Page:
Rediscovering Wilderness: The Woolley’s False Antechinus and Carbon Neutral’s Mission

Hunter Camera

About Carbon Neutral

Carbon Neutral runs large-scale reforestation projects and are actively working towards reducing carbon emissions, restoring landscapes, and preserving biodiversity. They have already planted over 30 million trees, making a significant contribution to mitigating the effects of deforestation and sequestering atmospheric carbon. Their efforts have been rewarded by receiving the prestigious Gold Standard certification, highlighting their commitment to sustainable environmental practices.

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By implementing the reforestation project and creating a 200 km green corridor spanning 10,000 km2, Carbon Neutral aims to reconnect and restore fragmented woodland and shrubland. This restoration not only helps combat salinity and water table problems but also provides crucial habitat, food sources, and protection for numerous threatened species. The project’s focus on improving local biodiversity contributes to the long-term sustainability of the world.

The project also actively sequesters atmospheric carbon dioxide, helping to reduce greenhouse gas concentrations. Reforestation efforts are crucial for capturing carbon dioxide and combating climate change, as trees absorb carbon dioxide during photosynthesis and store it in their biomass. Furthermore, Carbon Neutral’s expertise and innovative approaches in the Carbon industry make them valuable contributors to global efforts in promoting sustainable practices and environmental conservation. 

The Woolley’s False Antechinus

Hunter Camera

The Woolley’s False Antechinus is a small, carnivorous marsupial; eating insects, scorpions, centipedes and small lizards. They are found in small, isolated populations in the arid zone of the Midwest in the rangelands at Jack Hills, Mt Jackson and Bungalbin Hill. They are thought to be a highly threatened species due to the destruction of its natural habitat from extensive iron ore mining in the region.

Since its discovery in 1988, the Woolley’s False Antechinus (scientific name Pseudantechinus woolleyae) has been rarely seen and has not yet received conservation status. It has only been sighted and identified in Karara National Park and Mungada Ridge. This exciting discovery is believed to mark the first time this marsupial has been spotted in the wheatbelt region.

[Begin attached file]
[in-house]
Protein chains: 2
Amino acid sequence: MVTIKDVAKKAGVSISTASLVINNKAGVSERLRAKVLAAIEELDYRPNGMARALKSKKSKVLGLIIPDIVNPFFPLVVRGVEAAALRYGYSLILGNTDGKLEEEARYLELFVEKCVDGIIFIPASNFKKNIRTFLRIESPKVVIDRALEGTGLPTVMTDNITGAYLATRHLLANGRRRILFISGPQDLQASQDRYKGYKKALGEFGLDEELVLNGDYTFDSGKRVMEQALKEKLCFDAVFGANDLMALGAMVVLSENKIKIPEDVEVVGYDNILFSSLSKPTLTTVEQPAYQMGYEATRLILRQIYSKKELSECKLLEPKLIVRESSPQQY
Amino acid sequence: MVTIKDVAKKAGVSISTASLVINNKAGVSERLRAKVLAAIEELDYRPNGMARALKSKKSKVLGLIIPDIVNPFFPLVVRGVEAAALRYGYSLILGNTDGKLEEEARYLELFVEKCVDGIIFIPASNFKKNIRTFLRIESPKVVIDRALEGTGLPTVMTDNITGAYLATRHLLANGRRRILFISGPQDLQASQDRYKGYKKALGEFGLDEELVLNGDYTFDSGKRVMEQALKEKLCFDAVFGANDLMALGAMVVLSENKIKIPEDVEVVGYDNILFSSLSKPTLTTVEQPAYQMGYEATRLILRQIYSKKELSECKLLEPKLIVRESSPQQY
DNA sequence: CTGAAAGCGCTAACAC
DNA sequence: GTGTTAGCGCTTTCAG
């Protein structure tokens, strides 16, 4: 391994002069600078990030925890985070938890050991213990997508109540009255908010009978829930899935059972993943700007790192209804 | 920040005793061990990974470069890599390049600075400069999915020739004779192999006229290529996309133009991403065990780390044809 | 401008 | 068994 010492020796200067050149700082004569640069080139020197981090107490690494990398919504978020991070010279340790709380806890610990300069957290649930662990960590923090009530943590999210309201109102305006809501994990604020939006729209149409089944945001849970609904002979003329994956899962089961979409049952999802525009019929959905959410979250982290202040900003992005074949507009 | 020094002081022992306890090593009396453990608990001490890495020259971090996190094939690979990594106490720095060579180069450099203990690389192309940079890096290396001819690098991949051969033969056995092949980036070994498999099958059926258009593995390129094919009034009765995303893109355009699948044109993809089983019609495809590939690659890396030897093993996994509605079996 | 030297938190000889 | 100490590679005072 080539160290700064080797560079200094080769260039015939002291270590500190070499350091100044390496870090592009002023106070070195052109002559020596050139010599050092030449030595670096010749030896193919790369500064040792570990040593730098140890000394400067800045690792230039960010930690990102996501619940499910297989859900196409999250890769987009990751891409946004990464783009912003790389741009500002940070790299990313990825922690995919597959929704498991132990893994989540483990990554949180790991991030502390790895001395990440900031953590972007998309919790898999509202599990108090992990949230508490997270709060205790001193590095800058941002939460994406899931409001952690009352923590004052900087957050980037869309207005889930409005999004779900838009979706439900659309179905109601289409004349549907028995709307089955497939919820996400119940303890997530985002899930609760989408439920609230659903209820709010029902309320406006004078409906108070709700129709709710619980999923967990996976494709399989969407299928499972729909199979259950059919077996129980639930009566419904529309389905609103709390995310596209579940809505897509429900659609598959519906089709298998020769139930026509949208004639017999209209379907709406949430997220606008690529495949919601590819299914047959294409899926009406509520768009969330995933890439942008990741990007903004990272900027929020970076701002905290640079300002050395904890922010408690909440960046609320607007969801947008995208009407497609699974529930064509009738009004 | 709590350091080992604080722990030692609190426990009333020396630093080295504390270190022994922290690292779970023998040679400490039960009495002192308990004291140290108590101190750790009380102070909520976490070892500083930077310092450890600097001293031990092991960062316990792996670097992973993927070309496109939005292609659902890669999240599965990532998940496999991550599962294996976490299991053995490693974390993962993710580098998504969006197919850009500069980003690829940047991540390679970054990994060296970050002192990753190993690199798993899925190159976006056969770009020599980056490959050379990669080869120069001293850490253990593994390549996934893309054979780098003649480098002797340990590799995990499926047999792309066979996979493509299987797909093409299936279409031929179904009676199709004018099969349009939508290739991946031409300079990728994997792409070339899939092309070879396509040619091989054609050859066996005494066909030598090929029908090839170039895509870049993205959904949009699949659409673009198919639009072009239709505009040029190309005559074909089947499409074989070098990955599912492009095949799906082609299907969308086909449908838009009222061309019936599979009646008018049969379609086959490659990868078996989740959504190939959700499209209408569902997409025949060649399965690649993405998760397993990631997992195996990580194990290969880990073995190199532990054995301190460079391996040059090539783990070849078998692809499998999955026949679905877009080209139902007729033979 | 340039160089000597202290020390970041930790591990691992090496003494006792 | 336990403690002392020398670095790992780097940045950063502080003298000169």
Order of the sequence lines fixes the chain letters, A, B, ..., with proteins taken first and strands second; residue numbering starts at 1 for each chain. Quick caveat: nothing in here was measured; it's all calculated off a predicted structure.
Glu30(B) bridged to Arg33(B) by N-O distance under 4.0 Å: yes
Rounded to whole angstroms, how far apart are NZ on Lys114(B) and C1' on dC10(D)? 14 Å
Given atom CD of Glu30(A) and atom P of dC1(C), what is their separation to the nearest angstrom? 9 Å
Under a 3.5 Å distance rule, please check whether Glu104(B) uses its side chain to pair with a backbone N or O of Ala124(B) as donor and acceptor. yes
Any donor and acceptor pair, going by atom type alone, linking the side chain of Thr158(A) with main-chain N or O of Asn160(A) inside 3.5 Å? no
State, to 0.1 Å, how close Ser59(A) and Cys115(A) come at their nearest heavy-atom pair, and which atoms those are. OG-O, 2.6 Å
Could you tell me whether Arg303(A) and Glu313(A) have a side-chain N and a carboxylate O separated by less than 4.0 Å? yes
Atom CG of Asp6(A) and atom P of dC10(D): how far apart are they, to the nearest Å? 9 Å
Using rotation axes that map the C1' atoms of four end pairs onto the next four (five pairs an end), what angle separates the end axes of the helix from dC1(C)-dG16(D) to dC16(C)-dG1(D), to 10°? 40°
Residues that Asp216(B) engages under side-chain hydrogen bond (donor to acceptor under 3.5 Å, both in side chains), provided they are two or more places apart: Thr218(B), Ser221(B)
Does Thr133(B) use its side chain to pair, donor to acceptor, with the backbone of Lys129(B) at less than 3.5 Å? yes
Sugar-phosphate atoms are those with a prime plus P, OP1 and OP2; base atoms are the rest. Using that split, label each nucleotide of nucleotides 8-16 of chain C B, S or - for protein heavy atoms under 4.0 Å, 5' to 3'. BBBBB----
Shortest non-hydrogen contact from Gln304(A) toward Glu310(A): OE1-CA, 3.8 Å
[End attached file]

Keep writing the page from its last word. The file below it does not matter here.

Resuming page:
Carbon Neutral has now spotted the Woolley’s False Antechinus on motion sensitive night cameras in the Biodiversity Corridor. Carbon Neutral then sent the footage to ecologists Dr Nic Dunlop and Alison Goundrey, who were able to identify it and announce the discovery. The ecologists are part of a volunteer team from the Carbon Neutral Citizen Science Program.


About the Yarra Yarra

The Yarra Yarra Biodiversity Corridor belongs to Carbon Neutral, one of Handprints largest impact partners. It was created by Denis Watson, the founder of Carbon Neutral, as a way to restore the land back to pre-european times. When European settlers first came to Australia 200 years ago, lots of land was cleared for successful farming. Over time, the land has degraded, due to the salinity and climate. Carbon Neutral now has stewardship responsibility to manage 1,000 ha of remnant vegetation on Hughes Block, adjoining parts of its extensive biodiverse carbon sink plantings in the north-eastern wheatbelt. 

Restoring a forest is complicated, because the land takes time to adapt and for species diversity and density to grow. For a forest to last a long time, there has to be a high level of biodiversity. They encourage this by planting many species of trees, adding biodiversity into a region that has been troubled for decades. Working with farms, they plant 67 species of plants and shrubs so the wildlife can regain its habitat. It has the added benefit of sucking carbon out of the air. 

They run the ‘plant a tree’ program in the forest for Handprint. Recently, the forest has become one of the 58 areas listed as a Threatened Ecological Community (TEC) in Western Australia under the Biodiversity Conservation Act. 

Significance of the Discovery

Spotting the marsupial has solidified the goals and aspirations of Carbon Neutral. They hope to restore the region into a sanctuary for endangered animals such as this one. In the future, they hope to find more species and animals that were thought to be extinct or never seen. Carbon Neutral have also confirmed the presence of the threatened species, Mallee Fowl (scientific name Leipoa ocellata), in the Hughes Block area. This is a significant finding as it adds another layer of ecological importance to this region.

This discovery is proof that the world can recover when it is given the resources and time it needs. There are many more examples of this in the world, where Regeneration is possible. For example, the Chernobyl Nuclear Plant is now a safe haven for wildlife. 

If you would like to learn the story of Carbon Neutral and who runs it, read this Humans of Handprint article.